Arnon Grunberg



On the truth, the free market and books - Edmund Gordon in TLS:

'With its careful pace and anxious prose, A Warning does at least have the ring of truth, which is more than can be said for Triggered by Donald Trump Jr (popularly known as DJTJ, he’s the Trump son with the Brylcreem and the beard). It is part political memoir, part smear job on “the left” and part shameless exercise in brand management. Its greatest unifying quality is its near-total lack of authenticity. It feels wrong even when it can’t be proved wrong (which it very often can). A chapter meant to establish the author’s everyman credentials tells a preposterously shmaltzy story about how he was “cut off” by his father after graduating from college, but welcomed back to the bosom of the family after 9/11. The chapters on gender identity and the Green New Deal, meanwhile, so blatantly fudge nuanced debates (“men shouldn’t be branded transphobic just because they’re not lining up to date women with beards and penises”; “[Democrats] want to spend what would be the equivalent of about fifteen years of the US government’s revenue to stop cows from farting”) that it seems possible DJTJ simply doesn’t understand the issues involved.'


'As a stylist and a thinker, DJTJ will find his closest peers among the drunks propping up the bar in any late-night pub. His prose, squawking with oh-by-the-ways and in-case-you-haven’t- noticeds, combines notes of raw self-pity (“as the son of a rich white guy living in 2019, I’m essentially not allowed to have an opinion any more”), lumbering sarcasm (“the Socialist, I mean, Democrat, Party”), shameless braggadocio (“I consider myself a pretty handsome guy”), wild-eyed paranoia (“there are forces deep within our government trying to bury evidence of wrongdoing against my father”) and nudge-wink racism (“I’ll bet that when [the Minnesota congresswoman Ilhan Omar] watches Black Hawk Down, she roots for the Somali warlords”). To say that this voice is difficult to warm to would be like saying that the Titanic is experiencing some delays. It is a dreadful wreck of sunken humanity.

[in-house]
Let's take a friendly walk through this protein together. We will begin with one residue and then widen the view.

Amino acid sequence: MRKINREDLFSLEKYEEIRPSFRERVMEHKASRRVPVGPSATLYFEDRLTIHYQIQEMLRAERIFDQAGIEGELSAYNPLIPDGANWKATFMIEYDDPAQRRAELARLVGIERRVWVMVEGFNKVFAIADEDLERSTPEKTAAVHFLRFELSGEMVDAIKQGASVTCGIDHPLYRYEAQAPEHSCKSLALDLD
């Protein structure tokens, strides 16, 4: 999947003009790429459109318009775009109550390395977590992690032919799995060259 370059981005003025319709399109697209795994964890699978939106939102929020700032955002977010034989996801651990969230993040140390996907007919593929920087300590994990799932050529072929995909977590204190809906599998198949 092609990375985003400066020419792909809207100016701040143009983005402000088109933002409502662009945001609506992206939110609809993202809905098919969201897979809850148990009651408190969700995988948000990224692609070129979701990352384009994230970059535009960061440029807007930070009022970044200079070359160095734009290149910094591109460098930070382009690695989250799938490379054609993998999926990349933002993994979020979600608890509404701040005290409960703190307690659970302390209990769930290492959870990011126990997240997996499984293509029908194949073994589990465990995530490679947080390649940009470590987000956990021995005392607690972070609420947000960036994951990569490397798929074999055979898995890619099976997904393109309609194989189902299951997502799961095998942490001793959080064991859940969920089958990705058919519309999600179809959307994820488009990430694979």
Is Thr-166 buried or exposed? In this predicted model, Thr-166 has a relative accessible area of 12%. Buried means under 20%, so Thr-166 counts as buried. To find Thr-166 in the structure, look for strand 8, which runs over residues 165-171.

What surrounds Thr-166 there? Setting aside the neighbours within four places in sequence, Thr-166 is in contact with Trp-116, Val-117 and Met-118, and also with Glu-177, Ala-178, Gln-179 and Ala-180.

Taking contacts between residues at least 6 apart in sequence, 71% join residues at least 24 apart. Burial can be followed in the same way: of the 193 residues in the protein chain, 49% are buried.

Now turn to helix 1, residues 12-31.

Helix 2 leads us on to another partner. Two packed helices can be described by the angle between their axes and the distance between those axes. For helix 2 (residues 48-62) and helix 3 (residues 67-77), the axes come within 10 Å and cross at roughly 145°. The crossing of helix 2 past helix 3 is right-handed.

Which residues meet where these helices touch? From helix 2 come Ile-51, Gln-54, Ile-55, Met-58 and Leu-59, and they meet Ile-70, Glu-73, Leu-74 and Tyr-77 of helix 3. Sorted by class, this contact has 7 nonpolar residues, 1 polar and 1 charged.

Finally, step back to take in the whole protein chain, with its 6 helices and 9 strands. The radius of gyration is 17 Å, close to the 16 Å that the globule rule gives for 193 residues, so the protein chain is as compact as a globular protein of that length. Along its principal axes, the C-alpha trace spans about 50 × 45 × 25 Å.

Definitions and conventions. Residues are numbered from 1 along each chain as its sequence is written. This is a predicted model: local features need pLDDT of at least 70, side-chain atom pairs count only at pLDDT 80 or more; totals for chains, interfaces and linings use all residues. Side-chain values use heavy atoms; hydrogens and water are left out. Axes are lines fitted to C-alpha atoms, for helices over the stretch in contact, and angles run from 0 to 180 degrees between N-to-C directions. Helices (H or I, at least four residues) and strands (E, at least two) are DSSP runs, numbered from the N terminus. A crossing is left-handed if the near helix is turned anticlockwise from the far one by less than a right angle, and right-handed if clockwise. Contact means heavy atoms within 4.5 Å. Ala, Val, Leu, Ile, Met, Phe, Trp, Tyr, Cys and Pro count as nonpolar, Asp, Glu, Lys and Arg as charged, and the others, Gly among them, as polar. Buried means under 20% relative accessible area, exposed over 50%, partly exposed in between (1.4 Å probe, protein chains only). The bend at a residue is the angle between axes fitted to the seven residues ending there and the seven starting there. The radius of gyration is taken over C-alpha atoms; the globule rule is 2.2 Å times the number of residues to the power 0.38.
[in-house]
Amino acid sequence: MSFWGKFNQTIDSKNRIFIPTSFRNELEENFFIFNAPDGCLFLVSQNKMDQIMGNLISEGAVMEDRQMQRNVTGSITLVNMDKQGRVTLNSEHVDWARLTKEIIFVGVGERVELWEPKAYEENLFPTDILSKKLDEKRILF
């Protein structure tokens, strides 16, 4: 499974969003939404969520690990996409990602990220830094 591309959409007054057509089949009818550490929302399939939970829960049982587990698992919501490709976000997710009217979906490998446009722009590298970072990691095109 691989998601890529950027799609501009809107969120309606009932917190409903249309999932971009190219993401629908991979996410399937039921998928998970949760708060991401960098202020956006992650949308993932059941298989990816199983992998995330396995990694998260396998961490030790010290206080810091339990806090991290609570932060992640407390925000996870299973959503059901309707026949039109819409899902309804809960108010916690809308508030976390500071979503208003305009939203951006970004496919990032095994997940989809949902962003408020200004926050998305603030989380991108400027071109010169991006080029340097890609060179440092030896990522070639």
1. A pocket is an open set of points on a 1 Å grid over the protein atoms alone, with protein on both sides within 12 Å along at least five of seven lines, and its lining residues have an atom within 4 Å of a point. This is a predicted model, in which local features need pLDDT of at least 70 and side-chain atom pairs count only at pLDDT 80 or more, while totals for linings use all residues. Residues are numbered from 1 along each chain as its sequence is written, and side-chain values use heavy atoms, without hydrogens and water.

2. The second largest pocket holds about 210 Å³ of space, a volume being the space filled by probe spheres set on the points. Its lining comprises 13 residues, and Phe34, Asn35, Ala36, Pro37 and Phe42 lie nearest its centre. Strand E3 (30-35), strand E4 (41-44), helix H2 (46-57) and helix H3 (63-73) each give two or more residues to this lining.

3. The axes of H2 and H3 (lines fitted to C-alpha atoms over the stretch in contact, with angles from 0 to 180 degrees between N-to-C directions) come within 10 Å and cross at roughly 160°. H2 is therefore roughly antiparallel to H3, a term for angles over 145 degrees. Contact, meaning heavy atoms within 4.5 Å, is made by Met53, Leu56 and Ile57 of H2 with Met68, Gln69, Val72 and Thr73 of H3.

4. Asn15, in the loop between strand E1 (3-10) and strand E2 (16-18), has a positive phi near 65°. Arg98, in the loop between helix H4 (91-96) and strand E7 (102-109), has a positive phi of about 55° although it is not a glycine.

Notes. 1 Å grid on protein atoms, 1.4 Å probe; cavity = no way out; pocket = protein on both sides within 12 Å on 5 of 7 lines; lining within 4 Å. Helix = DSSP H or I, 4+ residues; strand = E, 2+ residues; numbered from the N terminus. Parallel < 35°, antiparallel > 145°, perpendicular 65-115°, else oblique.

In this, as in much else, DJTJ takes after his father. Far from using his authorial debut to step out of the paternal shadow, he seems determined not to stray an inch from its chilly radius. All of his obsessions have been inherited: “the Russia hoax”, “the deep state”, “the biased liberal media”, “Hillary”. And just as Trump Sr sells himself as a maverick politician, so Triggered self-consciously breaks the rules of the political memoir. It is violently opinionated, frequently foul-mouthed and deliberately offensive to large sections of the electorate. As an appeal to the Trump base, in other words, it hits all the right notes.

For the rest of us, it’s easy enough to laugh: at its frequently bizarre choice of targets (Cher, Teen Vogue) and its kamikaze rhetorical moves (is it really wise, for the scion of a family that is regularly forced to deny involvement in criminal activity, to fall back on quoting Michael Corleone in The Godfather?); at DJTJ’s surreal lack of self-awareness (as when he criticizes Joe Biden’s son Hunter for “hitching a ride on Daddy’s plane”) and the unintended effects of his scattershot prose (“his wife at the time once took a ride on my motocross bike and crashed it, seriously injuring herself. We remain friends to this day”). But ultimately, the laughter rings pretty hollow. It isn’t just that exposure to so much mendacity and bile starts to feel deeply unfunny. It’s that calling it out starts to feel like a profoundly useless activity. Readers of the TLS don’t need convincing not to buy Triggered, and admirers of Triggered will hardly be fazed by a snarky review in the TLS. The great achievement of the Trump family has been to turn the value of facts into just another branch of the free market, to be determined not by communal standards but by consumer choice. As DJTJ puts it: “The liberal press can write their little jokes until they run out of ink, for all I care”. For once, he actually sounds like he’s telling the truth.'

Read the article here.

Kurt Tucholsky, a well-read German columnist and writer in the thirties once said that despite all his popularity he never managed to get even the smallest Nazi official removed from his post.
This is truly repressive tolerance: it's not necessary anymore to destroy 'the liberal press' - the press won't change the mind of the voters who happen to be the enemy of the liberal press anyhow. We should therefore all be a bit modest and maybe a bit sad.
But there is at least one important sign that in this case repressive tolerance isn't working according to the wishes of DJTJ and his comrades, the father of DJTJ gets now and then very angry and annoyed because of what the liberal press is writing.
We continue because the possibility that we change somebody's mind should not be completely ruled out.

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